The Seeking God

Jared Longshore
| December 26, 2017

Often what I need is simply to remember who God is. If someone asked, “Who is God?” I suspect we would run down a list of His attributes, “God is holy, powerful, gracious, sovereign, wise, etc.” But, there is an aspect of God’s character and activity, perhaps an underappreciated one, that Jesus highlights in Luke 15. It is an aspect of God’s heart and work that would be good for us to think upon more deeply and regularly. Jesus tells us that God seeks out sinners. Jesus’ teaching shows us that He seeks sinners any number of ways.

He seeks them by drawing them near. We see that in what sinners were doing in verse 1. Something about Jesus was wooing tax collectors and sinners. Jesus was a man that sinners wanted to eat with. His life was marked by such grace, truth, authority and other worldliness, that sinners were magnetically attracted to Him. Isaac Newton’s law of universal gravitation says that every body in the universe attracts every other body with a force, and the bigger the body, the greater the force. Jesus lived a life of such weight that He drew sinners to Himself with gravitational force.

But God also seeks sinners by giving them over to their sin and its consequences. The father of the prodigal son let his son go. The son enjoyed sin in the short-term, but it eventually reaped such pain in his life that he turned back to his father. God seeks sinners this way. He gives them over to the consequences of bad decisions. He lets them learn in the pigsty. He seeks them as they suffer the bitter fruit that sprouts from sin. You can certainly think of cases where you wonder if those and the far country will ever come home. We cannot speak authoritatively over specific cases. But we can say that God loves to seek out sinners, and He regularly does it through allowing them to suffer the ugly consequences of sin.

Whether God seeks sinners by drawing them or by giving them over to sin’s consequences, He always seeks them in compassion and love. We can often seek out things without compassion and love. We know the hostile seeking out of car keys when running late. The fire in our eyes must be extinguished on something, and so we discover that we can be angry at inanimate objects like car keys, as if it was their fault they found their way into the couch cushion. But God does not angrily seek out sinners. The father in verse 20 sees his son far off and feels compassion for him. He does not walk but runs to his son, embracing and kissing him. Here is the deep deep love of God for sinners.

God’s care for sinners runs so deep that He seeks them by all necessary measures. You can determine just how zealous someone is for an object by how many means they use to find it. God zealously goes after lost sinners. The shepherd leaves the ninety-nine behind. The woman picks up her broom and sweeps. She lights a lamp and checks all the dark corners. So God positions Christians in the world, sends them to learn new languages, migrates people two new lands, puts his own children through all sorts of difficult situations, all so that He might seek out sinners with His gospel.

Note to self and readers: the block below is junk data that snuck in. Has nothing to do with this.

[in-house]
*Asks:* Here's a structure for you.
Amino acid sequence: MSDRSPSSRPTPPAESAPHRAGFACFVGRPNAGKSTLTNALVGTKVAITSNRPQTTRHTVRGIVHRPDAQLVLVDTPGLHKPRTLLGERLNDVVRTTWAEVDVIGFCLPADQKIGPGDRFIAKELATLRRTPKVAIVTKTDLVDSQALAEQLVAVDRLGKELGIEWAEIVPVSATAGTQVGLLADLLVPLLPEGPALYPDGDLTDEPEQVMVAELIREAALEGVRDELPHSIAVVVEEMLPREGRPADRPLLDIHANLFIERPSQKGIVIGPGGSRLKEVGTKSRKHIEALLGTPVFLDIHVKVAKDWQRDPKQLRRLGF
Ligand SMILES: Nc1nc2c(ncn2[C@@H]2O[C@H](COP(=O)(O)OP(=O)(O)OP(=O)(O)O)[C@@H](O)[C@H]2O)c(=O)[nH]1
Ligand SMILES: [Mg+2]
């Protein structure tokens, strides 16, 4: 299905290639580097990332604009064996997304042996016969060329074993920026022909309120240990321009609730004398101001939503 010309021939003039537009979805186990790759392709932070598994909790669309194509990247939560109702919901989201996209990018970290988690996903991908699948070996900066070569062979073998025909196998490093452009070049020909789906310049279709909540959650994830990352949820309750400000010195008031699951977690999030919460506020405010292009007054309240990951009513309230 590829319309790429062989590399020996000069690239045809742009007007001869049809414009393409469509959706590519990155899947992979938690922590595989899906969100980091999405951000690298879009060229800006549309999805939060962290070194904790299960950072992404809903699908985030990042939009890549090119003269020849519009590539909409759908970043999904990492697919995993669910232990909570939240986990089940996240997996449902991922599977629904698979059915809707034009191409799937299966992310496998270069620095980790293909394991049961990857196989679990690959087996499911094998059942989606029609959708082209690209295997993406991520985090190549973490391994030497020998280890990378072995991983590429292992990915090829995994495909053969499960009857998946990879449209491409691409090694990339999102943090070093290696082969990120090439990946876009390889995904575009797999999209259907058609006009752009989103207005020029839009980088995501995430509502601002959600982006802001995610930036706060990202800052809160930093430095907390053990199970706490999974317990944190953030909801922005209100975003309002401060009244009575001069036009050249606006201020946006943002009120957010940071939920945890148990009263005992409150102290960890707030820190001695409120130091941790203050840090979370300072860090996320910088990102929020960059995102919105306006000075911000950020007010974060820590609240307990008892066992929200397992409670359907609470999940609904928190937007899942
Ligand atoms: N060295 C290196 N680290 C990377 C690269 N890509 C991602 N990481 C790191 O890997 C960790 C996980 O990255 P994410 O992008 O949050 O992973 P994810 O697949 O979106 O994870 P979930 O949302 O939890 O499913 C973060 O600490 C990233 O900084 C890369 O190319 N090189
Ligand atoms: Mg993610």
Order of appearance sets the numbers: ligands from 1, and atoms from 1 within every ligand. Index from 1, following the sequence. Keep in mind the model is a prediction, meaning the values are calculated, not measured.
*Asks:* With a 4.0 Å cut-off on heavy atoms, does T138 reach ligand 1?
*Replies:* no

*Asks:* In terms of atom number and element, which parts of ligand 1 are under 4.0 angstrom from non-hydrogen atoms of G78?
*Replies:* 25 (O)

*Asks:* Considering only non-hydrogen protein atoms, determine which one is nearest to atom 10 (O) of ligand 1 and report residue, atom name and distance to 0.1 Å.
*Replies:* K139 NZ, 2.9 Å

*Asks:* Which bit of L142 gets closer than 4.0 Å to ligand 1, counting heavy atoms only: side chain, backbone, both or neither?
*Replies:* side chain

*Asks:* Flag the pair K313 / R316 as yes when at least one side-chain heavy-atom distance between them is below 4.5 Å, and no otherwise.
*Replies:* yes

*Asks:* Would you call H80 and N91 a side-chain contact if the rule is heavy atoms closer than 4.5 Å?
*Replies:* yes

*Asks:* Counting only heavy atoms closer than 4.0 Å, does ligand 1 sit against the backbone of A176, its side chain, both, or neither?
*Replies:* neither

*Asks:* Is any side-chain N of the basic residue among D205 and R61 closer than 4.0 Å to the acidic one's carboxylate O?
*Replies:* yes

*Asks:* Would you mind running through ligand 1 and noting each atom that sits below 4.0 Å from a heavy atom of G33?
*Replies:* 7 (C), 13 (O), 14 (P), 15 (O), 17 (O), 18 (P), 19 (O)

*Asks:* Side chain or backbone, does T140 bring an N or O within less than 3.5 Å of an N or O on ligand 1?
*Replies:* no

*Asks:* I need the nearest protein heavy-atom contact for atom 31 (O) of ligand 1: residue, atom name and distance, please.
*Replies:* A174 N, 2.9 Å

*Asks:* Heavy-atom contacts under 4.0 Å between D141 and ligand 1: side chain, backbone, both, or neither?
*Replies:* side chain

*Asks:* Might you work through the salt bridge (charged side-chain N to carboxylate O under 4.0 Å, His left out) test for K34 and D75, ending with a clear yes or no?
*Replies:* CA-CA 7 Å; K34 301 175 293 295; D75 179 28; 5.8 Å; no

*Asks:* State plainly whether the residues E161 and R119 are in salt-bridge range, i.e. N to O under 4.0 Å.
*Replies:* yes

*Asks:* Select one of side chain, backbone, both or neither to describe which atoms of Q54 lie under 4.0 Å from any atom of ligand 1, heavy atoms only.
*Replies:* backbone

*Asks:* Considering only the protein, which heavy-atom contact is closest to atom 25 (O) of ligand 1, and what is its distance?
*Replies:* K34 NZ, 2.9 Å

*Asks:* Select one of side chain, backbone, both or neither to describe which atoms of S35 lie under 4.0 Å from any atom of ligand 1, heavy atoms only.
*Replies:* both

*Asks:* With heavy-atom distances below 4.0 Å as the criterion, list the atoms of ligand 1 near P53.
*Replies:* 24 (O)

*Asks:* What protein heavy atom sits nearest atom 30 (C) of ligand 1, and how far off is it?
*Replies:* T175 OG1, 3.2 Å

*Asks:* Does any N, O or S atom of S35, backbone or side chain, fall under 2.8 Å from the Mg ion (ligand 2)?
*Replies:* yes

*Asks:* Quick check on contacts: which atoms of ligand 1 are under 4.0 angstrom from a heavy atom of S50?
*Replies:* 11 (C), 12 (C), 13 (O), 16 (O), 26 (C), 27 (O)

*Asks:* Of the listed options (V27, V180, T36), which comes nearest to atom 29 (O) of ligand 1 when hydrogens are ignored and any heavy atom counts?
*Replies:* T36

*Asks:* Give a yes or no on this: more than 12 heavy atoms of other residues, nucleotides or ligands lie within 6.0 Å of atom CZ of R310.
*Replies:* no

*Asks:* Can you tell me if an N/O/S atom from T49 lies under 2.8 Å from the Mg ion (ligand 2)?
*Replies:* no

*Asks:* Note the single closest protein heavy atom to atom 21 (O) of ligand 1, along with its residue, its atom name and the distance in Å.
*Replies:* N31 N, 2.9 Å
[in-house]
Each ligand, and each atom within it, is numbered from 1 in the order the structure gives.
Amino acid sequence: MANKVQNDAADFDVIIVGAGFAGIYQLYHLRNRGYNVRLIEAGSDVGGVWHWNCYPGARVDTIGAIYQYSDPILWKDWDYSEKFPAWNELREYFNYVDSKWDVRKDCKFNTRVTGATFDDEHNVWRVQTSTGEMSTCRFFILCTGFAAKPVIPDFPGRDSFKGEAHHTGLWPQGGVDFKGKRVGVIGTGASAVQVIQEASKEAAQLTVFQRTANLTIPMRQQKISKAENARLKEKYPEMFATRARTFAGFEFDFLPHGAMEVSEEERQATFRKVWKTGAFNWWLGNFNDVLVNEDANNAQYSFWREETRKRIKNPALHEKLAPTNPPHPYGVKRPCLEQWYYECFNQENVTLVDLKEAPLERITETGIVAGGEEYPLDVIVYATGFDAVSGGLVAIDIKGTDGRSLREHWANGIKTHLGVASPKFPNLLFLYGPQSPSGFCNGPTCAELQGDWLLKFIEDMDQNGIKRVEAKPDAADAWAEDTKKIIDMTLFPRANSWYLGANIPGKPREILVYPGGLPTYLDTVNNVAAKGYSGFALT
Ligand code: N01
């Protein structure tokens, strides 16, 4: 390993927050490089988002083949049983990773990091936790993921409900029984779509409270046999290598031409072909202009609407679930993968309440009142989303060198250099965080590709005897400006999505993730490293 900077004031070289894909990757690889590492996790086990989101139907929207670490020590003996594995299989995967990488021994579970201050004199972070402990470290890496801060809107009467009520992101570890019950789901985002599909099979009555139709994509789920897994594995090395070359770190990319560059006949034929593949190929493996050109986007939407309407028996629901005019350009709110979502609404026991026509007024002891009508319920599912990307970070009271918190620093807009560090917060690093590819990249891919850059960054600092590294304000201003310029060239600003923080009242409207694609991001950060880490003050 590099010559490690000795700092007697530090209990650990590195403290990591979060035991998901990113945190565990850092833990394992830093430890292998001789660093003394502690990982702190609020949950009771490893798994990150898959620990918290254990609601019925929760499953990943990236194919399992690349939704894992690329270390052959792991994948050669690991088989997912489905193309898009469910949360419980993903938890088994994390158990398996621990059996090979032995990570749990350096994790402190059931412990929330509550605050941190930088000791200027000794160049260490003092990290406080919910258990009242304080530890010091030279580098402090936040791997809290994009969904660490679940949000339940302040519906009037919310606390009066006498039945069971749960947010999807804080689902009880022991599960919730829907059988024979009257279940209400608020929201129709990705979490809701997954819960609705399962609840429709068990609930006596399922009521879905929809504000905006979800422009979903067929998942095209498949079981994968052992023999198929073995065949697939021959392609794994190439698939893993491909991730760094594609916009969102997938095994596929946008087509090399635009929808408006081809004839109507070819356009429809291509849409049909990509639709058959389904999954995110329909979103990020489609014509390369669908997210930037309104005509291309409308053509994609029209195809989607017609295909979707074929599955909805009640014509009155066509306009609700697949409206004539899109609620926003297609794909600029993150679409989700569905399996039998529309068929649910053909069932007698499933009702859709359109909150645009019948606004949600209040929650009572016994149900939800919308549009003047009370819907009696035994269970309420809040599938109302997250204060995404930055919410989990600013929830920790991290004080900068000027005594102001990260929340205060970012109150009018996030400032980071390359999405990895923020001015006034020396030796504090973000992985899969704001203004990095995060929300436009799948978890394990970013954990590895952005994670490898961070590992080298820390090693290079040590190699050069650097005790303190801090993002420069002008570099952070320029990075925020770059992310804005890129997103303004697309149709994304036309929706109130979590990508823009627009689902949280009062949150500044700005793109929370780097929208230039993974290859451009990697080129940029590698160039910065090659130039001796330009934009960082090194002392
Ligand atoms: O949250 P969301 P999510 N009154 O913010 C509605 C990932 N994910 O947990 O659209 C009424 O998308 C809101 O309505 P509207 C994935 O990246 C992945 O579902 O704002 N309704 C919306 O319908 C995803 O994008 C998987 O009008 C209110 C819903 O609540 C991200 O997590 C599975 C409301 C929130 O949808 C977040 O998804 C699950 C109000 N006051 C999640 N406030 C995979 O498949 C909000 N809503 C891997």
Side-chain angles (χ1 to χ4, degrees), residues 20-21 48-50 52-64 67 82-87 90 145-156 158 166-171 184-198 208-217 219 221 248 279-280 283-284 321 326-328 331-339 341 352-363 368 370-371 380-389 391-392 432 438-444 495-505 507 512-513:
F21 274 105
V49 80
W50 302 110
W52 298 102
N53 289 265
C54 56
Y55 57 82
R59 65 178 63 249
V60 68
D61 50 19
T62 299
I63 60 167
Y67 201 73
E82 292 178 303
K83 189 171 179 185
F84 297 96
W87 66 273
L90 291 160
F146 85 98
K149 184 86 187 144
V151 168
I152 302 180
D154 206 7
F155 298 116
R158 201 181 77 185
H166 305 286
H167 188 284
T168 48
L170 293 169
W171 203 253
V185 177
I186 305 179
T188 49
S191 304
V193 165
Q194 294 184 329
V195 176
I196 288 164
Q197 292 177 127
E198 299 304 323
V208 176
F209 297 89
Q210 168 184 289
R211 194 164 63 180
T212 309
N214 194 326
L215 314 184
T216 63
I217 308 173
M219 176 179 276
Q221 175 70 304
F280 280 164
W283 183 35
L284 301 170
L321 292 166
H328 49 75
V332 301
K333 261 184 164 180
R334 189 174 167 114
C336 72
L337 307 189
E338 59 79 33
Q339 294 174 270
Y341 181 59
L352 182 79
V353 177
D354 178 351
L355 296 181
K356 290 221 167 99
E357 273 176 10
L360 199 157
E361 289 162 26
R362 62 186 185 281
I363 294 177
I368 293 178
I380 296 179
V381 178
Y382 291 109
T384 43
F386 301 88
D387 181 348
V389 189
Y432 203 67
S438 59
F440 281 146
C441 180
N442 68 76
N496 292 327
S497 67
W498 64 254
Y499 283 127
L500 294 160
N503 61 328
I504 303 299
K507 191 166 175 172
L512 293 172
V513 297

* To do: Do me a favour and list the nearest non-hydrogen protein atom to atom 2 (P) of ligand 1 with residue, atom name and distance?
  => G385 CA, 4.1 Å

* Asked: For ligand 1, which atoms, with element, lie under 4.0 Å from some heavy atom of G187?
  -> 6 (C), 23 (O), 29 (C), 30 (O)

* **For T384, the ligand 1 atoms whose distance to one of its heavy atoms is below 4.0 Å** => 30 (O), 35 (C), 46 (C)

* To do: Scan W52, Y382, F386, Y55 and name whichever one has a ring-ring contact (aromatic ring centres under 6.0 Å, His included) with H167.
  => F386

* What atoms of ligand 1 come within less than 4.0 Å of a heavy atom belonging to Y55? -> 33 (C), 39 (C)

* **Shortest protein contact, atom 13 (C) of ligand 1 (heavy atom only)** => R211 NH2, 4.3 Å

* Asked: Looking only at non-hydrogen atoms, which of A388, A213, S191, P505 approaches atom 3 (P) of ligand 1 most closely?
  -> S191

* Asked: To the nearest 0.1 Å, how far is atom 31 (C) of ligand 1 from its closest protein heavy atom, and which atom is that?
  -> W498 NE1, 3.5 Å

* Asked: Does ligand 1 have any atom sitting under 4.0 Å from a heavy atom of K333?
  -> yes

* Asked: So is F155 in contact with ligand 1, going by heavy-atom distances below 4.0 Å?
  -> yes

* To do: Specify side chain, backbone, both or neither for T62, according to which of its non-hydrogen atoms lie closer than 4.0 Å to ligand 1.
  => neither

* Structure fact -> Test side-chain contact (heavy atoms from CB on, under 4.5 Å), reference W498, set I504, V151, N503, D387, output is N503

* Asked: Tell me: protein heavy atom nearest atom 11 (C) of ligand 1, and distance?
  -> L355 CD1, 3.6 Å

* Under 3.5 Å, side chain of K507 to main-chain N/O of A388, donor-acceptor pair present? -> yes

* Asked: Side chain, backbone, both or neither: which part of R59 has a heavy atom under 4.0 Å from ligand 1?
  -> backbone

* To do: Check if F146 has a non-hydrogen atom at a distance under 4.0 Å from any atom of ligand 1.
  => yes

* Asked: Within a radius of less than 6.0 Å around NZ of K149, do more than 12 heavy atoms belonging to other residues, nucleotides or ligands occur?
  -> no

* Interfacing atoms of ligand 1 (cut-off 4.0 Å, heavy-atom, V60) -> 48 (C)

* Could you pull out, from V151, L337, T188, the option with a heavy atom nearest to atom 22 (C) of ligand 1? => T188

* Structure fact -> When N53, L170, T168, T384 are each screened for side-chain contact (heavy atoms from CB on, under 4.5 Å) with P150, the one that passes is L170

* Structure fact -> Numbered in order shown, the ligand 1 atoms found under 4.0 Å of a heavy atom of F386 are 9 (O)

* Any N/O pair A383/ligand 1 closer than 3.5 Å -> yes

But God not only seeks sinners, He finds them. How many things have we sought for unsuccessfully? We know what it feels like to give up a search. Many have sought to purchase a home only to see it taken off the market. We’ve unsuccessfully sought out a certain job or educational opportunity. But God always finds what He’s looking for. The sheep is found. The coin is found. The son is found. And what does He give them when He finds them? Life.

Remember your sinner-seeking God. See the shepherd leaving his flock in search for the lost sheep. Watch him struggle through the brush with a concerned eye to this lost lamb. Watch this woman diligently lighting her lamp, sweeping, looking the house over in search for her lost coin. See this compassionate father, eagerly waiting for his lost, sin-burdened son to come home. Watch the joy in his eyes as he sees the outline of his son far off on the horizon. See him running with love pouring from his heart and embracing his filthy son. This is your God. No personal, relational, or cultural difficulties are going to change the fact that God is, right now, diligently seeking out sinners and granting them salvation through the life, death, and resurrection of His Son.